Glad you appreciate all the non-gaming stuff I write about, by the way.


11/17/2013 at 10:58 AM

I'm guilty of "non gaming related stuff" too so who am I to judge,Tam? But yeah, I do like it when you talk about your trips hiking or just about the Folk-music scene in general. An older friend of mine named John was into many of the same things you are. Every once in awhile he'd take me to Silvermont park in Brevard where Folk musicians would gather and play their hearts out. I can't tell you if there were any "big names" but I do remember the music was beautiful.

I'm glad Tom was surrounded by joy,cheer,and friends when he left this world. Bless him and bless everyone who gave him such a wonderful send off!


11/17/2013 at 11:05 AM

Big names are over-rated. The beautiful thing about folk music is that it's meant for anyone to participate in. Some of the people in the sessions I go to aren't what would be considered good by many people's standards, but that's not what's important. What's important is that they're doing it because they enjoyed it. Tom influenced a lot of people, as evidenced by this article yesterday.


11/16/2013 at 04:44 PM

I think it's great you played music at his passing. What a beautiful scene that must've been. <weepy face>


11/17/2013 at 07:33 AM

Thanks, John. It was. He used to host two sessions, one a weekly and the other a monthly, and they both happeded to fall this past weekend. We overflowed the normal space and raised the rafters in his honor. And they got me to lead a song yesterday, something I have never done there before.


11/16/2013 at 09:49 PM

Wow, first let me say I'm sorry to read about your friend, and it was touching he was surrounded by love and music, before starting his next journey. Thank you for sharing this with us. 


11/17/2013 at 07:34 AM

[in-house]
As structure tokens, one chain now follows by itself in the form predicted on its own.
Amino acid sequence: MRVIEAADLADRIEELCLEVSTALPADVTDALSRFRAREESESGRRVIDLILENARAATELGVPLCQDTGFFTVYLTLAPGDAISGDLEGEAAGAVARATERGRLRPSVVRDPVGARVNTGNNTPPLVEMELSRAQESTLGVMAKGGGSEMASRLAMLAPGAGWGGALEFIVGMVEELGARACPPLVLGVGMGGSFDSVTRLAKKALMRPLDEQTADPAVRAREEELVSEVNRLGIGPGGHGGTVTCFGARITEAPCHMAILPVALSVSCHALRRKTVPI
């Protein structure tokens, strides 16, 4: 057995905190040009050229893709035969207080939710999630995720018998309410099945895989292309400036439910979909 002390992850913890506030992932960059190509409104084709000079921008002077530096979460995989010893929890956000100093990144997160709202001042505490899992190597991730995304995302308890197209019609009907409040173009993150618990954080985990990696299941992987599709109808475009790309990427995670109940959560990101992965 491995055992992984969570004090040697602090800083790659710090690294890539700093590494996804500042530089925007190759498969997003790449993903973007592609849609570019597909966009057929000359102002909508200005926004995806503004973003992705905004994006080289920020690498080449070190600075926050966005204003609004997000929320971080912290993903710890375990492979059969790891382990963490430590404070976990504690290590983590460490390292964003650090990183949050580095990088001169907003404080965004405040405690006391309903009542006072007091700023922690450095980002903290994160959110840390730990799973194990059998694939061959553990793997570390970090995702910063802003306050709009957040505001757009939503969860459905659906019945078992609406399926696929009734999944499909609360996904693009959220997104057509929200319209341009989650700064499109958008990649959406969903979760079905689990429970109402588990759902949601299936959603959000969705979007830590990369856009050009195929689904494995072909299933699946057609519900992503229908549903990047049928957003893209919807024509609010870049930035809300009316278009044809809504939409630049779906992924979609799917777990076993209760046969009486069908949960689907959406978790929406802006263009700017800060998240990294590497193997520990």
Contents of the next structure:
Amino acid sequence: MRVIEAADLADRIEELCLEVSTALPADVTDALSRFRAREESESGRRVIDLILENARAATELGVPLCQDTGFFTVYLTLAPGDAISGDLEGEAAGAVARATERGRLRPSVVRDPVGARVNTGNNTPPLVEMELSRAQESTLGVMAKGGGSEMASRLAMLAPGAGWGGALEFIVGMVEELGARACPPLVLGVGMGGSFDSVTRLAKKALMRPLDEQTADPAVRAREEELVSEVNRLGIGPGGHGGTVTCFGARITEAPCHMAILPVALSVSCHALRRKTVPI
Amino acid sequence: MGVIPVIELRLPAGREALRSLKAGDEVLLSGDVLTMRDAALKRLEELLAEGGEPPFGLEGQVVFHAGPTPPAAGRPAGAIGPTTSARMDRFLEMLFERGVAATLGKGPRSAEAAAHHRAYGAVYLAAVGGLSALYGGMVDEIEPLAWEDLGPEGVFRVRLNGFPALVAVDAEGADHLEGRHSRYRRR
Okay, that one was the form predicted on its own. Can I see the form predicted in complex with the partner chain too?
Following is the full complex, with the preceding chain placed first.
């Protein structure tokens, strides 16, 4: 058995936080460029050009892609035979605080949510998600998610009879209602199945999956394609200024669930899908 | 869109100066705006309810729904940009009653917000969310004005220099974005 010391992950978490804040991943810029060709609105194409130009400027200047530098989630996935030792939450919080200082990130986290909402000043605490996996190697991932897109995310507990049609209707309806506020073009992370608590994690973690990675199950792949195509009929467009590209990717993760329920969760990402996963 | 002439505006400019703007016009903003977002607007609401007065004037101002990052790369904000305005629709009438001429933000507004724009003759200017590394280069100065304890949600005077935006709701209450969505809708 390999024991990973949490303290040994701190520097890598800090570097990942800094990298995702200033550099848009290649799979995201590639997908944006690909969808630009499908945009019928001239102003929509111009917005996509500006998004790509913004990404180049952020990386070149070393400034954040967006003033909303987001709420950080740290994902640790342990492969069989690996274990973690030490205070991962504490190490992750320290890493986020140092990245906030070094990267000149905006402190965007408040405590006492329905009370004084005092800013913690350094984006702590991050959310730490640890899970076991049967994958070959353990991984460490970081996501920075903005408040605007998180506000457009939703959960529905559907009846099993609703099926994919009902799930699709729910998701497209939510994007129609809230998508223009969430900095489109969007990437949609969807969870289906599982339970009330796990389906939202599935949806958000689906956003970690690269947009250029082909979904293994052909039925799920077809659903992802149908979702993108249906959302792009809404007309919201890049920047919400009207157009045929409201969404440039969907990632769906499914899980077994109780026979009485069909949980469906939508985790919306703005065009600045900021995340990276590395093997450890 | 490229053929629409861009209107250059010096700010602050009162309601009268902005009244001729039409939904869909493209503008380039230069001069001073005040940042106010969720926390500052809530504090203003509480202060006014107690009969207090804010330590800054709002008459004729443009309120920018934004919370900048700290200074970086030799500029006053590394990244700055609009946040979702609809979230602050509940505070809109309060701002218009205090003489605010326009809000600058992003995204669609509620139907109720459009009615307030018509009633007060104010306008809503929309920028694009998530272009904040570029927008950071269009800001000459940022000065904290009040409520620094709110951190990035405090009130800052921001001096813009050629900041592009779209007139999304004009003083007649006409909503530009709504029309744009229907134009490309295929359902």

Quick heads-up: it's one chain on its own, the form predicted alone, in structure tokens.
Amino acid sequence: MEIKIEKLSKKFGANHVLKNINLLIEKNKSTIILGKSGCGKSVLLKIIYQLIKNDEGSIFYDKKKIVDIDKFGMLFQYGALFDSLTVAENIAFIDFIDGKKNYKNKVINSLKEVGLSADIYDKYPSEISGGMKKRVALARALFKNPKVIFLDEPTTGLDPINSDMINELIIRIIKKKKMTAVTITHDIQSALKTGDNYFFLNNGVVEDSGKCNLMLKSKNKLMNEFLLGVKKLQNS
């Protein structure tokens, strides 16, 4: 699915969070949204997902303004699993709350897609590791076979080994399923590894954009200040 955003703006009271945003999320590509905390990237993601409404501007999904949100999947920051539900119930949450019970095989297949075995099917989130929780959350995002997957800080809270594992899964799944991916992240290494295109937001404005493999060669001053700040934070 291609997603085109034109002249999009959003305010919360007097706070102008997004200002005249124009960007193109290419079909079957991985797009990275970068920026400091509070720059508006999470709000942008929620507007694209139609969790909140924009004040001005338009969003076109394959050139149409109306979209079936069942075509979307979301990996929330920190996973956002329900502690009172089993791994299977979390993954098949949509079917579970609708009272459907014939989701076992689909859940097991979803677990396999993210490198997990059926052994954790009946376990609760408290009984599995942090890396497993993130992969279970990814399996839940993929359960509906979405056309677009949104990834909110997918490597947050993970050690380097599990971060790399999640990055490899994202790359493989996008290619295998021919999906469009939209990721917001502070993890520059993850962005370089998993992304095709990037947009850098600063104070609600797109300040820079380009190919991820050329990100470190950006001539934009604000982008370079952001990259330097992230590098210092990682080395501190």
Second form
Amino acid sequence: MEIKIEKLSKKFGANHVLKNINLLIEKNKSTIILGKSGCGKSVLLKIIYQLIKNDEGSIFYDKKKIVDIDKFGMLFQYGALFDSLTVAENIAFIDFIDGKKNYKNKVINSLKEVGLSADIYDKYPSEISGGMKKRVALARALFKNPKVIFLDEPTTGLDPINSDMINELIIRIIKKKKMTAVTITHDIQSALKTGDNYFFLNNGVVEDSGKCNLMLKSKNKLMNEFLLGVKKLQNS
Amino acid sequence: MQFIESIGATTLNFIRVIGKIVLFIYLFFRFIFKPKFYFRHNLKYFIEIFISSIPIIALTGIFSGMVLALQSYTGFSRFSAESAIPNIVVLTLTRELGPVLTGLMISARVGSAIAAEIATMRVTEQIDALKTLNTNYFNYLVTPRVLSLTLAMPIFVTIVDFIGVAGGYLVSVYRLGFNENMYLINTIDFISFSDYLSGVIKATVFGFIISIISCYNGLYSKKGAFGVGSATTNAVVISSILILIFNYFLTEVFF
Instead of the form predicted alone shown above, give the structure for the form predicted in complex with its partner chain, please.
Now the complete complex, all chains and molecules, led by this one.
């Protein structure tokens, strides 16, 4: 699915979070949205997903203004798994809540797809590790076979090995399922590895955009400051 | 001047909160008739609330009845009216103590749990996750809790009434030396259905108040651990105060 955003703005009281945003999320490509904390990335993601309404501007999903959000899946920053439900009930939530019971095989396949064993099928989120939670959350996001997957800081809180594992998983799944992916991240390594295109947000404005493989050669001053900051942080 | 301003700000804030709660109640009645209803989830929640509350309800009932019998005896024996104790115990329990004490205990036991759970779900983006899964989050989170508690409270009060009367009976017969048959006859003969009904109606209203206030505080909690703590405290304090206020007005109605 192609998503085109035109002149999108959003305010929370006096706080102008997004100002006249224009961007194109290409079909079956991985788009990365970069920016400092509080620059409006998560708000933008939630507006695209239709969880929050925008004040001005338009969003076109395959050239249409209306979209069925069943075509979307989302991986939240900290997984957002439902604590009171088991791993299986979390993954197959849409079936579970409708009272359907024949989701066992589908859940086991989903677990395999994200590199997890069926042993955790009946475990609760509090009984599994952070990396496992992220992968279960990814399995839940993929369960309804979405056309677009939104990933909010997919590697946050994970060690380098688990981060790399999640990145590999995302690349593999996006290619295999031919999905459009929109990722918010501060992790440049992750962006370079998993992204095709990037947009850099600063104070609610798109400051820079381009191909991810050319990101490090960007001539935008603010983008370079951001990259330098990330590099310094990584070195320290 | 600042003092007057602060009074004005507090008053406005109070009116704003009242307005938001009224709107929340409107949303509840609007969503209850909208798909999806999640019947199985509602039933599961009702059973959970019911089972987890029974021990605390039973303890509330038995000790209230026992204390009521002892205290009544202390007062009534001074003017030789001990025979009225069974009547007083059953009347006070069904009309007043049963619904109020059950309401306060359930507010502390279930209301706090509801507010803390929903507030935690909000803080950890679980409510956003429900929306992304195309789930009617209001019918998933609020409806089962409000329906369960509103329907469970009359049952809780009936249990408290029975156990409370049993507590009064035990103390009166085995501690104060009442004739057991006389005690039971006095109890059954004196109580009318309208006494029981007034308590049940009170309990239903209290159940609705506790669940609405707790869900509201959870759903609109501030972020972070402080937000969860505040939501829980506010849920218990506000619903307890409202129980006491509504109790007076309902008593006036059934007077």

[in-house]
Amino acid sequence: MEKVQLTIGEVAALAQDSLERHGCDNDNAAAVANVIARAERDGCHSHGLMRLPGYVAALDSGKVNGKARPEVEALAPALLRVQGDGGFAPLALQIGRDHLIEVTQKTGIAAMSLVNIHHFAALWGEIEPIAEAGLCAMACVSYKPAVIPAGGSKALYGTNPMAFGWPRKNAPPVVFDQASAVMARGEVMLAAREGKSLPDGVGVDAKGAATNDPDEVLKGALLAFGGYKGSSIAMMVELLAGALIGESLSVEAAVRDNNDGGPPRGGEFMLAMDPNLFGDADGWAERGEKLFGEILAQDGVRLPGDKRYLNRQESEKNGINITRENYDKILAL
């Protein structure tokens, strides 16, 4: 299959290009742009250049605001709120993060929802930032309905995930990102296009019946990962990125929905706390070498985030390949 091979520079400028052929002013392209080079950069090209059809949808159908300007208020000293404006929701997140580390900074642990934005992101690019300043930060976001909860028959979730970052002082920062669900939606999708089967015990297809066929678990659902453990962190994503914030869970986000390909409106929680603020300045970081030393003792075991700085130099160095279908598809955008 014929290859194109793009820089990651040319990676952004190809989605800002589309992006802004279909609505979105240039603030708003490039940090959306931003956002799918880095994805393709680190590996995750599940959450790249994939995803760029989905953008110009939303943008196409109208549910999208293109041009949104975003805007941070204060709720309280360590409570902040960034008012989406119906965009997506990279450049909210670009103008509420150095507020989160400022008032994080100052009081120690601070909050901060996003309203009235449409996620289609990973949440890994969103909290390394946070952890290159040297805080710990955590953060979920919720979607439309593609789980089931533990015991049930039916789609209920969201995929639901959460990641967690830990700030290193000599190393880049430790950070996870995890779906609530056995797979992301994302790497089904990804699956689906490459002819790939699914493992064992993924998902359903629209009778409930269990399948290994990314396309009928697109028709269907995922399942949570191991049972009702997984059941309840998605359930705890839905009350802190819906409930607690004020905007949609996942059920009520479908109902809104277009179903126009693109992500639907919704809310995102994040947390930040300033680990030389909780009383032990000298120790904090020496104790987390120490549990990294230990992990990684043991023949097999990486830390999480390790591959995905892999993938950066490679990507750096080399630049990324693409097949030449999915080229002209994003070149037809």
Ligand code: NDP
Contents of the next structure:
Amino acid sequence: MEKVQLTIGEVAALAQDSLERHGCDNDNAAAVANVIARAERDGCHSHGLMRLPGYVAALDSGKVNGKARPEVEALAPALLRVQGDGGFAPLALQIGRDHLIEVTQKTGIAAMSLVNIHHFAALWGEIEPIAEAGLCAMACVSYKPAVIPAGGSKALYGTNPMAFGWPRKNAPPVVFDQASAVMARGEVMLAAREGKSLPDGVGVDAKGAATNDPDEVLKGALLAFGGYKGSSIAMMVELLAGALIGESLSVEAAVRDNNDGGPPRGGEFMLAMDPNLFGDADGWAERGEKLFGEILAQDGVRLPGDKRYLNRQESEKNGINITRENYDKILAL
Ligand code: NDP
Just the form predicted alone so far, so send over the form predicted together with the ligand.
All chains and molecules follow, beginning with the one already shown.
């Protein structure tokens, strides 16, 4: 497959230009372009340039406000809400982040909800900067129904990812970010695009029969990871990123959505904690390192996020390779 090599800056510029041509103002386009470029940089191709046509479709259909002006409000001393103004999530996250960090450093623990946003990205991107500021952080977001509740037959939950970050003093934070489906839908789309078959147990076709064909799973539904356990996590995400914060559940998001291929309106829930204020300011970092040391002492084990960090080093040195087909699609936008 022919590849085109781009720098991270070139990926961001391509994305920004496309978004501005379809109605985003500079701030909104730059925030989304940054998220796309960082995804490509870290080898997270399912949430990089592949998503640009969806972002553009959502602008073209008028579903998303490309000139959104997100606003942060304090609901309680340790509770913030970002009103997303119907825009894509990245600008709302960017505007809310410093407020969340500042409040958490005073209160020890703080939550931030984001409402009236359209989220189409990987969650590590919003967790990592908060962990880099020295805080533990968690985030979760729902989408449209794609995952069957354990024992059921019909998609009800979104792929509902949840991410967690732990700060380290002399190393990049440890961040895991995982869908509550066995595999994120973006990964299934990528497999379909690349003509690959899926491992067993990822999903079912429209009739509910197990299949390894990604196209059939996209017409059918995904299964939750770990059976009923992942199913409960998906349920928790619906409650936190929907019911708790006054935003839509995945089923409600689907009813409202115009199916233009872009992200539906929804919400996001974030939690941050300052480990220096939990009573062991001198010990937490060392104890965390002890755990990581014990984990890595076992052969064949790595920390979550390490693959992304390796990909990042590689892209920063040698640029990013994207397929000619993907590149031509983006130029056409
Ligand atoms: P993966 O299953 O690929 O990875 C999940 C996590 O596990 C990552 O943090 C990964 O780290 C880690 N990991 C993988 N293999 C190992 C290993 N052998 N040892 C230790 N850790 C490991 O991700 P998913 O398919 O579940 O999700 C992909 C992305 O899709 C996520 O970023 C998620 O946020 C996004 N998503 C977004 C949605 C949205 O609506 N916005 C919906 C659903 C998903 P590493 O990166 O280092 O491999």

Thanks, Chris. Just thanks.


11/20/2013 at 12:56 PM

Sounds like a nice way to pass on to the next. I never really gave it much thought on how I'd consider my time when my time. Usually when it comes to death my people don't really focus on what to do at the end but what must be done properly after the end. I do not envy you in being there to see a friend off (I'm not one for goodbyes) but it must have been an honor to be there for them at the end.

I hope I don't sound ill-willed in saying this but perhaps that is something I must go thru if I am to understand that game in that context. I played the game once and never got it, and I've actually walked a desert in my life.

Chris Iozzi Staff Alumnus

11/21/2013 at 09:05 PM


Great blog, beatiful story about the passing of your friend. Surrounded by music and friends is definitely the way I'd want to go.

As for Journey, I finally got a PS3 not to long ago, Journey is one of the first games I picked up because I heard so much about it. Its a perfect example of a game greater than the sum of its parts, the simple but genius way the multiplayer is integrated makes it something that needs to be experienced.

Please read this article, I think you'll agree this pretty much sums it up.